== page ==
“What will my friends think?” This pressing question is constantly swirling in the head of one known as a people pleaser. The clothes they wear, who they sit with at lunch, the college they attend, the person they marry – in short, almost everything they do, every decision they make is calculated to please other people, with the ultimate desire…to have their approval and praise.
Herod, of course, is one of the great people-pleasers of history, and his antics are on full display in Matthew 14. He was called Herod Antipas, or just Antipas, and was the Roman ruler over Galilee and Perea for most of Jesus’ life and ministry. One of three sons of Herod the Great, Antipas shared the rule of Palestine with his two brothers.
And undoubtedly he had very poor relations with one of these, his brother Phillip, for on a trip to Rome, Antipas met Phillip’s wife Herodias and “fell in love.” He subsequently divorced his own wife and married her.
But unfortunately for Herod, John the Baptist didn’t have a people-pleasing bone in his body, and the prophet of the Jordan River did not hesitate to call him on it:
…John had been saying to him, “It is not lawful for you to have her.” And though he wanted to put him to death, he feared the people, because they held him to be a prophet.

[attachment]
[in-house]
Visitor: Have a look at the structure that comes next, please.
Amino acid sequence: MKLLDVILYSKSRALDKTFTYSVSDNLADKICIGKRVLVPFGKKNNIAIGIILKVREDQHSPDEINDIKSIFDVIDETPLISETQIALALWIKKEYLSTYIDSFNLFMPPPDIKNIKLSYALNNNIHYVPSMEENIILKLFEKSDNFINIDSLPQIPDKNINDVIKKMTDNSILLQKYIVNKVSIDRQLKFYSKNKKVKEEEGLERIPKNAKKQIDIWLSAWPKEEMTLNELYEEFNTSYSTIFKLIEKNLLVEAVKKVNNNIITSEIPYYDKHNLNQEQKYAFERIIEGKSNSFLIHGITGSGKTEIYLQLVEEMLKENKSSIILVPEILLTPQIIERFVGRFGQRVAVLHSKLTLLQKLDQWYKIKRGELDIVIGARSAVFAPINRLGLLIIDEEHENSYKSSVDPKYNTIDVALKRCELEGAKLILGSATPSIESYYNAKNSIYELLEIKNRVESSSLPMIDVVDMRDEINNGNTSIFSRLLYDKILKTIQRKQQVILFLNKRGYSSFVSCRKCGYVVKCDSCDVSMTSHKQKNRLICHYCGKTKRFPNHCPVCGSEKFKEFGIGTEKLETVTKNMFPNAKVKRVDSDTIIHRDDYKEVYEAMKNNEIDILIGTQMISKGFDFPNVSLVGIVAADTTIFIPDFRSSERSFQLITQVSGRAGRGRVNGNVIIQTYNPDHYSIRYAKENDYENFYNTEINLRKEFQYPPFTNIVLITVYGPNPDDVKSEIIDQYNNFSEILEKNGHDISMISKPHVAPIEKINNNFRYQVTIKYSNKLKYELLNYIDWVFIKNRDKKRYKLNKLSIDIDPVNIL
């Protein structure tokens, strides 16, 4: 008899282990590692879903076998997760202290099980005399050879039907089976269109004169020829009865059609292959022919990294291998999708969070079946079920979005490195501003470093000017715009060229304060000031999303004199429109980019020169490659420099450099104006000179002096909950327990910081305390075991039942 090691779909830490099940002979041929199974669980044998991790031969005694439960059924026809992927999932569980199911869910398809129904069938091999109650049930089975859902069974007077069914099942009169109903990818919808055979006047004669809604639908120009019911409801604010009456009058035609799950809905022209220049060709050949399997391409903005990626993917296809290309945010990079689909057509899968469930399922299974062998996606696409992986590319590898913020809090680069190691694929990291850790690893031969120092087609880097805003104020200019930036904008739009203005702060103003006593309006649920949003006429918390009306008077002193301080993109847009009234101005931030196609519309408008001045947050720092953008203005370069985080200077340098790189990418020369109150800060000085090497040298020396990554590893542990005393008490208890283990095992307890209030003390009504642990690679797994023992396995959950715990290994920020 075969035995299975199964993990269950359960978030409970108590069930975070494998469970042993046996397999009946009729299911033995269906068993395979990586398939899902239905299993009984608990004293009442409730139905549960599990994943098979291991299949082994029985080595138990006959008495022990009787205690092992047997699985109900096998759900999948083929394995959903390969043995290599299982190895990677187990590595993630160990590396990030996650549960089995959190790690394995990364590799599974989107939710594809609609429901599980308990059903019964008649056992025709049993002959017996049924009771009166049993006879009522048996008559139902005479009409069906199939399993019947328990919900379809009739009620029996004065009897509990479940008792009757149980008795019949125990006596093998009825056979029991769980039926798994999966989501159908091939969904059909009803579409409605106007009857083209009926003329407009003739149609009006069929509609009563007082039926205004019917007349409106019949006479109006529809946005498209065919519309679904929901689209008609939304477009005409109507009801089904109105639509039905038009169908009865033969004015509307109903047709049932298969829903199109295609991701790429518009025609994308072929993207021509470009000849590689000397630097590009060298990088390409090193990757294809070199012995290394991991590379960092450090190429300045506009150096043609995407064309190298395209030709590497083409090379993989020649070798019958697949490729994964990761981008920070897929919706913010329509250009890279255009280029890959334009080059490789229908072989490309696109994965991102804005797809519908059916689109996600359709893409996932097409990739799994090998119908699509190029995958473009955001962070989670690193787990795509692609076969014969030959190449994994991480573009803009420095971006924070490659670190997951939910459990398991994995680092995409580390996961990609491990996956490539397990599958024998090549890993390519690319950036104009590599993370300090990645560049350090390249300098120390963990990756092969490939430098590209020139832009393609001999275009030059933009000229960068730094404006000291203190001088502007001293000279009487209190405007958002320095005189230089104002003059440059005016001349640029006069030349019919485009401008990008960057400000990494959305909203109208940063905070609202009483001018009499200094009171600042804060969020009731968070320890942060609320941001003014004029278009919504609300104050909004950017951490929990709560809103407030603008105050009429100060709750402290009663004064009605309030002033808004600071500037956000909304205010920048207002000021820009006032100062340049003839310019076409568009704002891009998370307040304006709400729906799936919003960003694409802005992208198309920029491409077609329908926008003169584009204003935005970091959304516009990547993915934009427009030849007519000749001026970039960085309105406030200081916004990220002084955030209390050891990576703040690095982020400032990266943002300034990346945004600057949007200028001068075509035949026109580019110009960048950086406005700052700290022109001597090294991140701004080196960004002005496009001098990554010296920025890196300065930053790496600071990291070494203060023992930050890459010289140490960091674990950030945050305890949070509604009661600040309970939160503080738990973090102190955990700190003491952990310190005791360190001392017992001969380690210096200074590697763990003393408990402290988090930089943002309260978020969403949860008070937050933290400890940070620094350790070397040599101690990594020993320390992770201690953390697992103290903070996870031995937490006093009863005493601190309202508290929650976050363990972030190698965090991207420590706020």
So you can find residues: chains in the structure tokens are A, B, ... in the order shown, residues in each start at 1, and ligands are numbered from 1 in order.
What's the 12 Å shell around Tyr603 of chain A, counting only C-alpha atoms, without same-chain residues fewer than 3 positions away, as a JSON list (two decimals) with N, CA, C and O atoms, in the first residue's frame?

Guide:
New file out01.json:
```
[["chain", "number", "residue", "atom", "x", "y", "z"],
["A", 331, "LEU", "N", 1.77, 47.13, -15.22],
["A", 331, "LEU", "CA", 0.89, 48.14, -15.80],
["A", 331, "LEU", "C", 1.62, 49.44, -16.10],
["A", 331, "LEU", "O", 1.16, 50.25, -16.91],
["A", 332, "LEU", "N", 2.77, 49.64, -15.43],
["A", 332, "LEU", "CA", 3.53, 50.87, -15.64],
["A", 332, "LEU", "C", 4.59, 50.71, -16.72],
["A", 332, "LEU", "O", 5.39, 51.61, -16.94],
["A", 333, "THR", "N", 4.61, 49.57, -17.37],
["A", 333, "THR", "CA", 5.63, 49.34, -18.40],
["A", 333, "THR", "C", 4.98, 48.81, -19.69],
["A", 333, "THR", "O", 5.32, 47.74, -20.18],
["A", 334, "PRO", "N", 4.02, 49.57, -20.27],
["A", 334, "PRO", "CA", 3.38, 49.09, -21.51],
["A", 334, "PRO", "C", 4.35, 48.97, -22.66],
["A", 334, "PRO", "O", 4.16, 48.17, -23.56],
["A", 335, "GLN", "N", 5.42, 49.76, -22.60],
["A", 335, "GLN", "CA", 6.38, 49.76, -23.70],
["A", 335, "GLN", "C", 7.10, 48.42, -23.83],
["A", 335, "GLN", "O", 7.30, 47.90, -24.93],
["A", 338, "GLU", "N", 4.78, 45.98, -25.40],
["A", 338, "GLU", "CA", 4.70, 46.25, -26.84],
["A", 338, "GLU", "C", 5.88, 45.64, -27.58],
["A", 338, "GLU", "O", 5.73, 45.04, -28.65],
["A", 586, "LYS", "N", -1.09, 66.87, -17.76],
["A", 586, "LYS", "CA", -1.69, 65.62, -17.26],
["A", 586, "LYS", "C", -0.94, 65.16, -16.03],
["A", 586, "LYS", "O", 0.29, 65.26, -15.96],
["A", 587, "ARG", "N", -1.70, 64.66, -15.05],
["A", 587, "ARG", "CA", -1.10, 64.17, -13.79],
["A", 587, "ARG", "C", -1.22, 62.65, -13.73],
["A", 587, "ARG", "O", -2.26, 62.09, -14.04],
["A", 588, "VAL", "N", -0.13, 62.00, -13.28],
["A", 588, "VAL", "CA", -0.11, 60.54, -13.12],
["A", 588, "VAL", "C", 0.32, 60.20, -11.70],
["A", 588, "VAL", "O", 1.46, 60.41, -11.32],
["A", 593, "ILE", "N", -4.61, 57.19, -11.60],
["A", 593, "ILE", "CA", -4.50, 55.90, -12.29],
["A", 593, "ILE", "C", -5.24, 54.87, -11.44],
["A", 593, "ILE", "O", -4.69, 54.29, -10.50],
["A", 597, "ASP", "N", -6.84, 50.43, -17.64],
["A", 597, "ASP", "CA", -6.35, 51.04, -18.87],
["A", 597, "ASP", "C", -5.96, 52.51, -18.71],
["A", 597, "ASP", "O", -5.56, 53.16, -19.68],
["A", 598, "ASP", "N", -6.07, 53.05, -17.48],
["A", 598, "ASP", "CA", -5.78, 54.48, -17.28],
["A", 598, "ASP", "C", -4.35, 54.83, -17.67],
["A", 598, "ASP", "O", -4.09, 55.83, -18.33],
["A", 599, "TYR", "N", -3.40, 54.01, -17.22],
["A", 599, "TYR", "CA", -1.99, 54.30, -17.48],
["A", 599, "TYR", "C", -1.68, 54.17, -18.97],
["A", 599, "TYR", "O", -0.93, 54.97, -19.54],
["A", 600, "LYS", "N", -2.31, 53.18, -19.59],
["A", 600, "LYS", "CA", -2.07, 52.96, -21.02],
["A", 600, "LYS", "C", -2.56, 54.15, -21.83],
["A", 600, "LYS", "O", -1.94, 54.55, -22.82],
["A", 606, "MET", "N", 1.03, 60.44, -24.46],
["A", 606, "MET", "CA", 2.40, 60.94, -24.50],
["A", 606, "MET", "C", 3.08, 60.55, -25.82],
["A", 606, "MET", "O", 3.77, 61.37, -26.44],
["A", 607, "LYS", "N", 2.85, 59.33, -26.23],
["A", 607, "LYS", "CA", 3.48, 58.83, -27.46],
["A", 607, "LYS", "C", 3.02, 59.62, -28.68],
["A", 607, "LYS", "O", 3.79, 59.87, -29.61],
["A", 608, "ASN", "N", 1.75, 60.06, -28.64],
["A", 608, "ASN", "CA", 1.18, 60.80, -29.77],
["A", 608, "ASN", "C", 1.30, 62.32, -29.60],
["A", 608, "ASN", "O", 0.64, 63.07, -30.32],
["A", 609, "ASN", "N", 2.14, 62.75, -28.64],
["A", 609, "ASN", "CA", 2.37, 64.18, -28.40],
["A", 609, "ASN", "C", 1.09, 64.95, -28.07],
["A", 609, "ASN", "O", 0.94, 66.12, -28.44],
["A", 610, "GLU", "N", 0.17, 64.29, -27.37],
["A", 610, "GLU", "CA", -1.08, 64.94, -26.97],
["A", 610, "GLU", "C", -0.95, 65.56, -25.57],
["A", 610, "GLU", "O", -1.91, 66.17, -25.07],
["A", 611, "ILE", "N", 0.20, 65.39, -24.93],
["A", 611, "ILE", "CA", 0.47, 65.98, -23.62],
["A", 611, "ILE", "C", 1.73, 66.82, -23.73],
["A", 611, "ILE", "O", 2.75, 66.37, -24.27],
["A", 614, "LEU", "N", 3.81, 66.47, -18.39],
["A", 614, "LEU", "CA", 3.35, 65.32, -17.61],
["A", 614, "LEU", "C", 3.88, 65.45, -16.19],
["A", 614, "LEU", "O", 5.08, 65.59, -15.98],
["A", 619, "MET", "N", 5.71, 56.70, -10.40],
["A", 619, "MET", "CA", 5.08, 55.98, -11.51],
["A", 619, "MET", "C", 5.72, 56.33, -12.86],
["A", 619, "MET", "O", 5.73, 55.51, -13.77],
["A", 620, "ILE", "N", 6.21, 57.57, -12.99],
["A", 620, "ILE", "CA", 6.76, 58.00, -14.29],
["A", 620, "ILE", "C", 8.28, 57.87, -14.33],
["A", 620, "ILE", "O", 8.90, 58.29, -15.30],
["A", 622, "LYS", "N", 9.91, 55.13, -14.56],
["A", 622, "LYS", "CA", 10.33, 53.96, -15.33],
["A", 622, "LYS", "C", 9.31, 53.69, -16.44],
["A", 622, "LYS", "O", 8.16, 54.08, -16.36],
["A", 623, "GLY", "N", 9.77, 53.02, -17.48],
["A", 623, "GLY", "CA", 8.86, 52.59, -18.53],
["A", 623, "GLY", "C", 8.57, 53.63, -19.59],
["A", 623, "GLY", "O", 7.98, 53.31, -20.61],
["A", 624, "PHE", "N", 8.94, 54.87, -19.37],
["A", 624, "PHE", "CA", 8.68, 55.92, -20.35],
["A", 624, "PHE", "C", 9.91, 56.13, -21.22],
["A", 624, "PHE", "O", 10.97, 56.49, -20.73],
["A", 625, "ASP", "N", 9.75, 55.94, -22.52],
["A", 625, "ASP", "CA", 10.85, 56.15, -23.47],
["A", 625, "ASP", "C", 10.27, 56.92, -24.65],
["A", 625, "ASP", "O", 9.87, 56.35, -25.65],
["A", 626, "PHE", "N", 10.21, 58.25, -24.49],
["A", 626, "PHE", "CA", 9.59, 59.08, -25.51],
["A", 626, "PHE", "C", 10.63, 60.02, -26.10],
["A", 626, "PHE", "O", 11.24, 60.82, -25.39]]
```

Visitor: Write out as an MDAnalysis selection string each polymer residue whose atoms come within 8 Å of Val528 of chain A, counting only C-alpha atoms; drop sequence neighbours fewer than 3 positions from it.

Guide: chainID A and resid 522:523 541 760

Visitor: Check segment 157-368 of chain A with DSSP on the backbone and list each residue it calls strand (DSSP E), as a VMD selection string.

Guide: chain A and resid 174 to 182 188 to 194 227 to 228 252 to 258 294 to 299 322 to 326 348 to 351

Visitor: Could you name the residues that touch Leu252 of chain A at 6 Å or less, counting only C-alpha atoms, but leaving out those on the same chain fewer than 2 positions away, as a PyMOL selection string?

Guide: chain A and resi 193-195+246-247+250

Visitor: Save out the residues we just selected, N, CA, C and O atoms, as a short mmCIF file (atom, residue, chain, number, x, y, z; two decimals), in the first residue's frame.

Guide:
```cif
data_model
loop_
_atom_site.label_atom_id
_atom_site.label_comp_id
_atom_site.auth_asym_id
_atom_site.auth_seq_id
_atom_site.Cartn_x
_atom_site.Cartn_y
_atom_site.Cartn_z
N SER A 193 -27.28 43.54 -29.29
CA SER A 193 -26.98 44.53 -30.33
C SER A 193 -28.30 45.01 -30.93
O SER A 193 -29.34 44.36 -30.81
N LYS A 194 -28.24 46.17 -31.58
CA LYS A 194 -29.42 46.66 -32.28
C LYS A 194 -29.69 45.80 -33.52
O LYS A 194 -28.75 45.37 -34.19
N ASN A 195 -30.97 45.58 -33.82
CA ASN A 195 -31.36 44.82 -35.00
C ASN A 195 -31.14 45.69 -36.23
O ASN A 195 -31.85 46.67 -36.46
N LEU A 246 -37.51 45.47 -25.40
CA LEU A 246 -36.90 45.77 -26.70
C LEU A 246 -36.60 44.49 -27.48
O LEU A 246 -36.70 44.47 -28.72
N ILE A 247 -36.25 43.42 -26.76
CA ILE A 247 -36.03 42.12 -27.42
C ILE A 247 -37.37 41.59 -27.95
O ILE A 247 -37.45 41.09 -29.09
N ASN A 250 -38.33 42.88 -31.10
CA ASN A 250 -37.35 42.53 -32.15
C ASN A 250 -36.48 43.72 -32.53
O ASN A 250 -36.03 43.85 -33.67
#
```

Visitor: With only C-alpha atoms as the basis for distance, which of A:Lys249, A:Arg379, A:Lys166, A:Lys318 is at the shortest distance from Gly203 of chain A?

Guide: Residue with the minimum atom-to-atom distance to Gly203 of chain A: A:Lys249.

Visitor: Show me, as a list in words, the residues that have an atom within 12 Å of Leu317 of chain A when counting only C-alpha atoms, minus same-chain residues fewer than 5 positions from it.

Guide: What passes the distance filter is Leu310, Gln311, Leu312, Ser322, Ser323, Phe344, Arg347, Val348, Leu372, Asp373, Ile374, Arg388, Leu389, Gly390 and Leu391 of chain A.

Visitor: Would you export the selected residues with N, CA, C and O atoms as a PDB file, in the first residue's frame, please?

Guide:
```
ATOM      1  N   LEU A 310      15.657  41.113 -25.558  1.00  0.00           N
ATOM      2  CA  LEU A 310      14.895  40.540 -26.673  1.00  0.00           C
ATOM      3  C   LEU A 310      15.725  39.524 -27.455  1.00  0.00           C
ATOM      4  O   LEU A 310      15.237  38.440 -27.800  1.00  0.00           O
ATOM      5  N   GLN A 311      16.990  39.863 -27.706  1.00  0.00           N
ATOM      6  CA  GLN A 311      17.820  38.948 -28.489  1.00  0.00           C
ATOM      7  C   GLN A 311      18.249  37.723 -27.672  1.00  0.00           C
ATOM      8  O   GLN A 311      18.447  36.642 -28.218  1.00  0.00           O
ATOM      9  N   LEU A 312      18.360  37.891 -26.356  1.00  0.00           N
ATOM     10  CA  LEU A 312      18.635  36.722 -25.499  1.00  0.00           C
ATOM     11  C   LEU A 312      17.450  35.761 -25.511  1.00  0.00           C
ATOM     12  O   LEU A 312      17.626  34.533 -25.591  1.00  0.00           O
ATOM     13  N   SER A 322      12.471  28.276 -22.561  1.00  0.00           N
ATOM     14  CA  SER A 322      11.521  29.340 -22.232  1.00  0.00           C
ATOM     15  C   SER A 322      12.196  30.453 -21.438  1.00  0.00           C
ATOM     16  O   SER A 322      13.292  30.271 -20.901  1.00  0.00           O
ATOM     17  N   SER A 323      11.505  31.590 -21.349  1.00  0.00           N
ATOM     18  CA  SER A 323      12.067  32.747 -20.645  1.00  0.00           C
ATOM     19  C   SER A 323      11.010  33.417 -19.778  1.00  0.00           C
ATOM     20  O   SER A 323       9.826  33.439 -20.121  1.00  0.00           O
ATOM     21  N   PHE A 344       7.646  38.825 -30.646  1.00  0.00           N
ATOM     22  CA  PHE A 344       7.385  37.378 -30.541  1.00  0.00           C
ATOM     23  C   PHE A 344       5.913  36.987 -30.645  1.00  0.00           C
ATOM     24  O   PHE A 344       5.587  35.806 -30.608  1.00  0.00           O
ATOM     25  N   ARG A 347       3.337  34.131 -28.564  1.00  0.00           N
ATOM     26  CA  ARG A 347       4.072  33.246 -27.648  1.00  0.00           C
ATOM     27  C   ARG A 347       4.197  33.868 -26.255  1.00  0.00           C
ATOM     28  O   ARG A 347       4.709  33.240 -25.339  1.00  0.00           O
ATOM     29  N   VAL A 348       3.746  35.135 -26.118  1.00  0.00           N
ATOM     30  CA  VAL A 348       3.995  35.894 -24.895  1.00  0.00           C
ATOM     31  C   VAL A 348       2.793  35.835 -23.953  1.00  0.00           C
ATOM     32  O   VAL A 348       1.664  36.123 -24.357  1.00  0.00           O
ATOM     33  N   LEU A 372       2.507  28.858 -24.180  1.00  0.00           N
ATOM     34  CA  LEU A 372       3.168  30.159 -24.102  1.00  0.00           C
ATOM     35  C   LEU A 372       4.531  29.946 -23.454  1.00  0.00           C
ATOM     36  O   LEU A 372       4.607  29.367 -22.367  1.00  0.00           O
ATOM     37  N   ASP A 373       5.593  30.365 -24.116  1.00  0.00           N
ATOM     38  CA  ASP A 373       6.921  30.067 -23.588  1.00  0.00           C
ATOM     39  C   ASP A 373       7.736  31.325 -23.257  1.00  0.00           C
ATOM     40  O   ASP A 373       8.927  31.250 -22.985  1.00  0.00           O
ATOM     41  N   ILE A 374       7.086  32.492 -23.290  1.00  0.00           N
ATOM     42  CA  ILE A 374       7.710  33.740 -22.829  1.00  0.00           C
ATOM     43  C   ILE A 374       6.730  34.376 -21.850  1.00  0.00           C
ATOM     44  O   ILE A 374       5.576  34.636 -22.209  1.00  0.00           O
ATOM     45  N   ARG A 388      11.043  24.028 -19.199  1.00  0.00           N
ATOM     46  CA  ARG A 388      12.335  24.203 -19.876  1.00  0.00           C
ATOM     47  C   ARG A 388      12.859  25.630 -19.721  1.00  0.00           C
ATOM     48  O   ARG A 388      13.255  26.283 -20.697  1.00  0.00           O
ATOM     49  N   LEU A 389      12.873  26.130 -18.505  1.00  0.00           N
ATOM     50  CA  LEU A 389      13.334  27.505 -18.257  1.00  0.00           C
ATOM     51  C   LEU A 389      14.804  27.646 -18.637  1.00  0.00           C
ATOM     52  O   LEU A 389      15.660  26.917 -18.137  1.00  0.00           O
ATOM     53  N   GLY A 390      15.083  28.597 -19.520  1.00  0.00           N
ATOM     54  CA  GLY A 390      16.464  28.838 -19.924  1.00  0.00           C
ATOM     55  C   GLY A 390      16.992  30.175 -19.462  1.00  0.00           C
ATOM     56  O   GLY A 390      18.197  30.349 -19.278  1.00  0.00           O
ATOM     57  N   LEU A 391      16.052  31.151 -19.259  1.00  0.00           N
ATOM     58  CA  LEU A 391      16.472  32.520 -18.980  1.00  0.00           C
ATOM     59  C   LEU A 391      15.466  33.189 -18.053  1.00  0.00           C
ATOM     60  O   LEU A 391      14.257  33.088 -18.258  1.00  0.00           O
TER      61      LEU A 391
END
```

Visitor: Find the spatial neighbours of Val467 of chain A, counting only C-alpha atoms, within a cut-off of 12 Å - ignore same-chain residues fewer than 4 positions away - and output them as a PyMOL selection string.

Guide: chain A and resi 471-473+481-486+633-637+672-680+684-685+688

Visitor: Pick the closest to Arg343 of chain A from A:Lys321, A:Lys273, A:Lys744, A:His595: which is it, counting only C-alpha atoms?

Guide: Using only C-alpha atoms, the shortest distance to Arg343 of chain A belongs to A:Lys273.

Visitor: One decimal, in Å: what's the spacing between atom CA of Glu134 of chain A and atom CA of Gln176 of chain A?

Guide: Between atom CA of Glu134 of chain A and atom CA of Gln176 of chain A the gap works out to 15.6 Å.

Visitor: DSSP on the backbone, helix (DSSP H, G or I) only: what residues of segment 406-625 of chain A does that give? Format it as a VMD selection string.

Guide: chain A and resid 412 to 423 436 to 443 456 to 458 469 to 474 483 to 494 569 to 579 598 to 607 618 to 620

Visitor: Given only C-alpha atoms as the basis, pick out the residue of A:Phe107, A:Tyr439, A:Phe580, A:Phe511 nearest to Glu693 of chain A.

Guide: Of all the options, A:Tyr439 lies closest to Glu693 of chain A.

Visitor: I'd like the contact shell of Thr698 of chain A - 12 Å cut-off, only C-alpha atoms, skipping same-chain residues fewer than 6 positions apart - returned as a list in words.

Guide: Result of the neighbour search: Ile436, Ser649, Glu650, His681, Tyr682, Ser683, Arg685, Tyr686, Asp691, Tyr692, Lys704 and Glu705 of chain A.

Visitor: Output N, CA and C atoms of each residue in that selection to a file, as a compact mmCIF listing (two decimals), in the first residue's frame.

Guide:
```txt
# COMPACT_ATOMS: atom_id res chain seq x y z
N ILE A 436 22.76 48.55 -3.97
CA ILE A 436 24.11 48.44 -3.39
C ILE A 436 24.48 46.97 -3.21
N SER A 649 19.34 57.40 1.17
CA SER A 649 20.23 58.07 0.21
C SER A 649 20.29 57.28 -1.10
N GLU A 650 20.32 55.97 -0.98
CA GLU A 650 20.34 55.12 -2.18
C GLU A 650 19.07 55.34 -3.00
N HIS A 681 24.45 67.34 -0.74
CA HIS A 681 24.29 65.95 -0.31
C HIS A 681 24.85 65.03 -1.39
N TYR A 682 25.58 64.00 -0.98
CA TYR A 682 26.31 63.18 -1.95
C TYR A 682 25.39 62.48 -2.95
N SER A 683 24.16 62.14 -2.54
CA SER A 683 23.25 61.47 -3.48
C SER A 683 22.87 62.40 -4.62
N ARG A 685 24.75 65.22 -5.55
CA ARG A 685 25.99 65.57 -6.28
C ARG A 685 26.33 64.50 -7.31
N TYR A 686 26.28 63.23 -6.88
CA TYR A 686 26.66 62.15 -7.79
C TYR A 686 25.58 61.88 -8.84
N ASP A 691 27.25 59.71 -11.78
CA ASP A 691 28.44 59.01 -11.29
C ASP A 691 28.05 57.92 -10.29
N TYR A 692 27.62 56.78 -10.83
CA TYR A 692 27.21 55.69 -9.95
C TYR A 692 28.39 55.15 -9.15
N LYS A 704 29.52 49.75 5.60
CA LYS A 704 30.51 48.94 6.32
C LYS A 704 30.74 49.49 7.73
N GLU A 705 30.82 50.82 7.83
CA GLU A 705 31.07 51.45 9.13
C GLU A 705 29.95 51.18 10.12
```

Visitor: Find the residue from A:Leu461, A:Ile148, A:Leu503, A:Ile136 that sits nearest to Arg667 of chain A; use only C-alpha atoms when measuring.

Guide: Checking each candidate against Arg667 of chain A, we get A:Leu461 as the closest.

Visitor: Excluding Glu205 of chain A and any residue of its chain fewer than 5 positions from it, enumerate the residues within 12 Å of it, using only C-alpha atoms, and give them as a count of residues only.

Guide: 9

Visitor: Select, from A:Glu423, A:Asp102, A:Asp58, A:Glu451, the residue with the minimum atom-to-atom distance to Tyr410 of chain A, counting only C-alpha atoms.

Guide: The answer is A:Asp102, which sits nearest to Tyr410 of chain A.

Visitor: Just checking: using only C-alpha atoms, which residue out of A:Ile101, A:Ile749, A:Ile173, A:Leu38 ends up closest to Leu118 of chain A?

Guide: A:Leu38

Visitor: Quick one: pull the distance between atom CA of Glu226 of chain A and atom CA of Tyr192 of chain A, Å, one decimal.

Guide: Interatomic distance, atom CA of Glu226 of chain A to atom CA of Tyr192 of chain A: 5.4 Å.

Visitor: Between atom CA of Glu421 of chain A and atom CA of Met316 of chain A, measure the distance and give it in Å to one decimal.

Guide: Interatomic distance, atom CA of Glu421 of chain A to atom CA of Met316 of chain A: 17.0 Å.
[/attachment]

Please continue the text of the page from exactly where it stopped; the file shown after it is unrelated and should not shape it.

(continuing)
Matthew 14:4-5 (ESV)
John said a loud “No!” to this union, and Herod locked him up for it, but he feared the people…so he didn’t put him to death. That motive worked for a time, until as the story relates, another desire to please people took over, and through a series of events including a sultry dance and a foolish promise, he heeded the request of an adolescent girl:
Prompted by her mother, she said, “Give me the head of John the Baptist here on a platter.” And the king was sorry, but because of his oaths and his guests he commanded it to be given.
Matthew 14:8-9 (ESV)
Behold Ladies and Gentlemen: Herod the not-so-great, refraining from killing a man because he wanted to make the people happy, and then killing the same man, because…he wanted to make the people happy. Talk about a buffeted life. You might call Herod a pinball, and the people around him? They controlled the flippers.
But as we sit in judgment of Herod, don’t we have to admit that we’ve all been there to one degree or another? We’ve all been there because all of us have had the sense that if only our friends approved, or the “important” people liked what we did, all would be well, and we would be finally happy. And our search for pleasure in the opinions of others has repeatedly ended only in pain. So into our foolishness, the great prophet Isaiah warned,
“Stop regarding man, whose breath of life is in his nostrils, for why should he be esteemed?”
Isaiah 2:22 (NASB)
Herod would eventually be exiled, punished by Emperor Gaius – the one man he would apparently not be able to please. But before that, this same Herod Antipas would encounter another Prophet…at the kangaroo court of the Son of God (Luke 23:6 – 12). Herod would question Jesus at length, and receive only silence. Of course we know better, but you might almost wonder if the conversation lagged because they really had nothing to talk about. For the one who could only ask, “What will make the people happy?” had nothing at all in common with the One who could only ask…“What will please my Heavenly Father?”
Tomorrow, Wednesday, January 21: Matthew 15